California kingsnake

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California kingsnake
California Kingsnake (Lampropeltis getula californiae).JPG
Scientific classification
Kingdom: Animalia
Phylum: Chordata
Subphylum: Vertebrata
Class: Reptilia
Order: Squamata
Suborder: Serpentes
Family: Colubridae
Genus: Lampropeltis
Species: L. getula
Subspecies: L. g. californiae
Trinomial name
Lampropeltis getula californiae
(Blainville, 1835)[1]
Synonyms
  • Coluber (Ophis) californiae Blainville, 1835
  • Lampropeltis californiae
    Van Denburgh, 1897
  • Ophibolus getulus californiae
    Cope, 1900

The California kingsnake (Lampropeltis getula californiae) is a nonvenomous colubrid snake endemic to the western United States and northern Mexico. It is a relatively small subspecies of the common kingsnake[1] and is found in a variety of habitats. Due to ease of care and a wide range of color variations, the California kingsnake is one of the most popular snakes in captivity.[1]

Range and habitat[edit]

The California kingsnake is widespread along the West Coast of North America to elevations of approximately 6,100 ft (1,900 m) in the Tehachapi Mountains and to over 7,000 ft (2,100 m) in the southeastern Sierra Nevada Mountains. This species lives in a wide variety of habitats, including woodland chaparral, grassland, deserts, marshes, and even suburban areas.[2] These snakes live in Oregon, California, Nevada, Utah, Arizona, and Northwestern Mexico.[2] In Arizona, they intergrade with the desert kingsnake and the Mexican black kingsnake. The species has also become invasive on the Spanish island of Gran Canaria.[3]

Behavior and diet[edit]

The California kingsnake is primarily diurnal, but may become increasingly nocturnal during periods of particularly hot weather.[1][4] In the winter, they retreat underground and enter a hibernation-like state called brumation. When disturbed, California kingsnakes will often coil their bodies to hide their heads, hiss, and rattle their tails, which can produce a sound somewhat resembling that of a rattlesnake. They are considered harmless to humans, but if handled it is common for this species to bite as well as excrete musk and fecal contents from their cloaca.[5]

California kingsnakes are opportunistic feeders, and common food items include rodents, other reptiles, birds, and amphibians. All kingsnakes are non-venomous, but are powerful constrictors and generally kill their prey through suffocation. The "king" in their name refers to their propensity to hunt and consume other snakes, including venomous rattlesnakes that are commonly indigenous to their natural habitat. California kingsnakes are naturally resistant to the venom of rattlesnakes but are not totally immune.[2]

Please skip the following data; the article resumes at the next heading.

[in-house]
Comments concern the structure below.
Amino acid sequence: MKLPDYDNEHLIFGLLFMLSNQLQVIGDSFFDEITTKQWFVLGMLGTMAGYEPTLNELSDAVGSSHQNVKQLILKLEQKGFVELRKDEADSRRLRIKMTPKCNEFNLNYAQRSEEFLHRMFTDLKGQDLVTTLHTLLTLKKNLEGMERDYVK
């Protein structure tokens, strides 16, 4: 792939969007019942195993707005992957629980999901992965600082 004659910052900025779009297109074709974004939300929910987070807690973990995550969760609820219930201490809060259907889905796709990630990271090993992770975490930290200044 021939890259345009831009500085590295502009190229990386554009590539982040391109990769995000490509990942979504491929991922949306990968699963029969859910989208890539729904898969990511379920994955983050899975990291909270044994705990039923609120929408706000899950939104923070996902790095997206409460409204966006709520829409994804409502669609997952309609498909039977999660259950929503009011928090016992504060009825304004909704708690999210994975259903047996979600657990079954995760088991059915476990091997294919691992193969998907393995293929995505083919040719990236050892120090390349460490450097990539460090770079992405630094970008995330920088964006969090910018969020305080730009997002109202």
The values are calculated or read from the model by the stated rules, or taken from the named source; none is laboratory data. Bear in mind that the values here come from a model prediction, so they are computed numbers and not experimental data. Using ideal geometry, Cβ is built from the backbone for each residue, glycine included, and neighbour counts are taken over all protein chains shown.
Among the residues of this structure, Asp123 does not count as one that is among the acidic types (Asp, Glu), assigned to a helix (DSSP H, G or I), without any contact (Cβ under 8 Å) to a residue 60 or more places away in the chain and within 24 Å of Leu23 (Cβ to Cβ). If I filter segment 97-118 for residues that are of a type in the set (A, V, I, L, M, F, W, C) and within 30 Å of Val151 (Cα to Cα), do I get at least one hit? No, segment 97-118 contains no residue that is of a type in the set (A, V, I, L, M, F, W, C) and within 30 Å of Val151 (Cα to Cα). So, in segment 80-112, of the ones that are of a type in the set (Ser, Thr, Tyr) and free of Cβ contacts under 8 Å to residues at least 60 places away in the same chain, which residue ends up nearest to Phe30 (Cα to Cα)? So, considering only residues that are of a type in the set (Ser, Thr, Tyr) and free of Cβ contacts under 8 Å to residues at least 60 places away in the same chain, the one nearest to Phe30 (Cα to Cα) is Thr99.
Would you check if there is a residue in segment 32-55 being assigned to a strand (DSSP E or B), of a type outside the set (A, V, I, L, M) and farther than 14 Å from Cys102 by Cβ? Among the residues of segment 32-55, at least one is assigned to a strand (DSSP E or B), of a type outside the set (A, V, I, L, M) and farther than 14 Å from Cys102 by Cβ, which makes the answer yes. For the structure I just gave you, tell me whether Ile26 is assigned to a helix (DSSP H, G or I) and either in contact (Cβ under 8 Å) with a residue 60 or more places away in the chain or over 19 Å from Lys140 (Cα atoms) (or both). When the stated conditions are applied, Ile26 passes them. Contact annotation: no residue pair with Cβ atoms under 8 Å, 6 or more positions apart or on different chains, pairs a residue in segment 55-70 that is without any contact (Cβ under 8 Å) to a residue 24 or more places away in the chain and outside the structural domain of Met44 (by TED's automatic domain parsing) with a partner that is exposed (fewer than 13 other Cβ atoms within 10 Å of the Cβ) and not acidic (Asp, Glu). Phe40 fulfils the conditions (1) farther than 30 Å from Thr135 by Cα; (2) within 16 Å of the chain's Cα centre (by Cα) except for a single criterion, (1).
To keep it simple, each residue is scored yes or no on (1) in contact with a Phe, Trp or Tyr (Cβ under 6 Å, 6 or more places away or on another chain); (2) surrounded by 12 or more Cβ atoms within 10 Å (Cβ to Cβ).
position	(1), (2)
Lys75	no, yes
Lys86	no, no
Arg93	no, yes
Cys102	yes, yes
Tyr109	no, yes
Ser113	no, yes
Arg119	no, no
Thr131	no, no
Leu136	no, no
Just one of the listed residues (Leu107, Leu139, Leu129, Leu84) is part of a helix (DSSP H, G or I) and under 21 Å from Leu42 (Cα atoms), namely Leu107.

Reproduction[edit]

The California King is an oviparous internal fertilization animal, meaning it lays eggs as opposed to giving live birth like some other snakes. Courtship for this kingsnake begins in the spring and involves the males competing for available females. Their mating ritual begins by the male snake vibrating uncontrollably. Eggs are laid between May and August which is generally 42–63 days after mating;[1] in preparation the female will have chosen a suitable location. The typical clutch size is five to twelve eggs with an average of nine,[1] though clutches of 20 or more eggs are known. The hatchlings usually emerge another 40–65 days later, and are approximately eight to thirteen inches in length.[1] Adult California kingsnakes seldom exceed 48 inches and are most commonly 2.5–3.5 feet in length.[6]

A captive lavender morph of the California kingsnake

In captivity[edit]

The California kingsnake is one of the most popular pet reptiles due to its ease of care, attractive appearance, and docile demeanor.[1] Due to natural color and pattern variability between individual snakes, snake enthusiasts have selectively bred for a variety of color patterns and morphs. Dozens of color variations are sold in the pet trade.[7] Wild type California kingsnakes are technically illegal to sell without special permits in their home state of California. These increased restrictions are due to a law that prohibits trafficking native California species within state lines. As captive bred morphs are generally exempt from these rules, the law is loosely enforced.[8]

References[edit]

  1. ^ a b c d e f g h Bartlett, R. D. and Markel, R. (2005) Kingsnakes and Milksnakes. Barron's Educational Services, Inc. ISBN 0764128531
  2. ^ a b c "California Kingsnake - Lampropeltis californiae". www.californiaherps.com. Retrieved 2016-04-19. 
  3. ^ "Unwanted Visitors: California Kingsnakes Are Overwhelming This Spanish Island". TakePart. Retrieved 2016-04-19. 
  4. ^ California King Snake. Rosamond Gifford Zoo. Retrieved on 2013-01-02.
  5. ^ Hubbs, Brian (2009) Common Kingsnakes. Tricolor Books, Tempe, Arizona ISBN 0975464116.
  6. ^ Lampropeltis getula californiae – California Kingsnake. Californiaherps.com. Retrieved on 2013-01-02.
  7. ^ "All Hail The California Kingsnake". www.reptilesmagazine.com. Retrieved 2016-04-27. 
  8. ^ "Science: Reptiles and Amphibians". www.wildlife.ca.gov. Retrieved 2016-04-27. 

External links[edit]

Media related to Lampropeltis getula californiae at Wikimedia Commons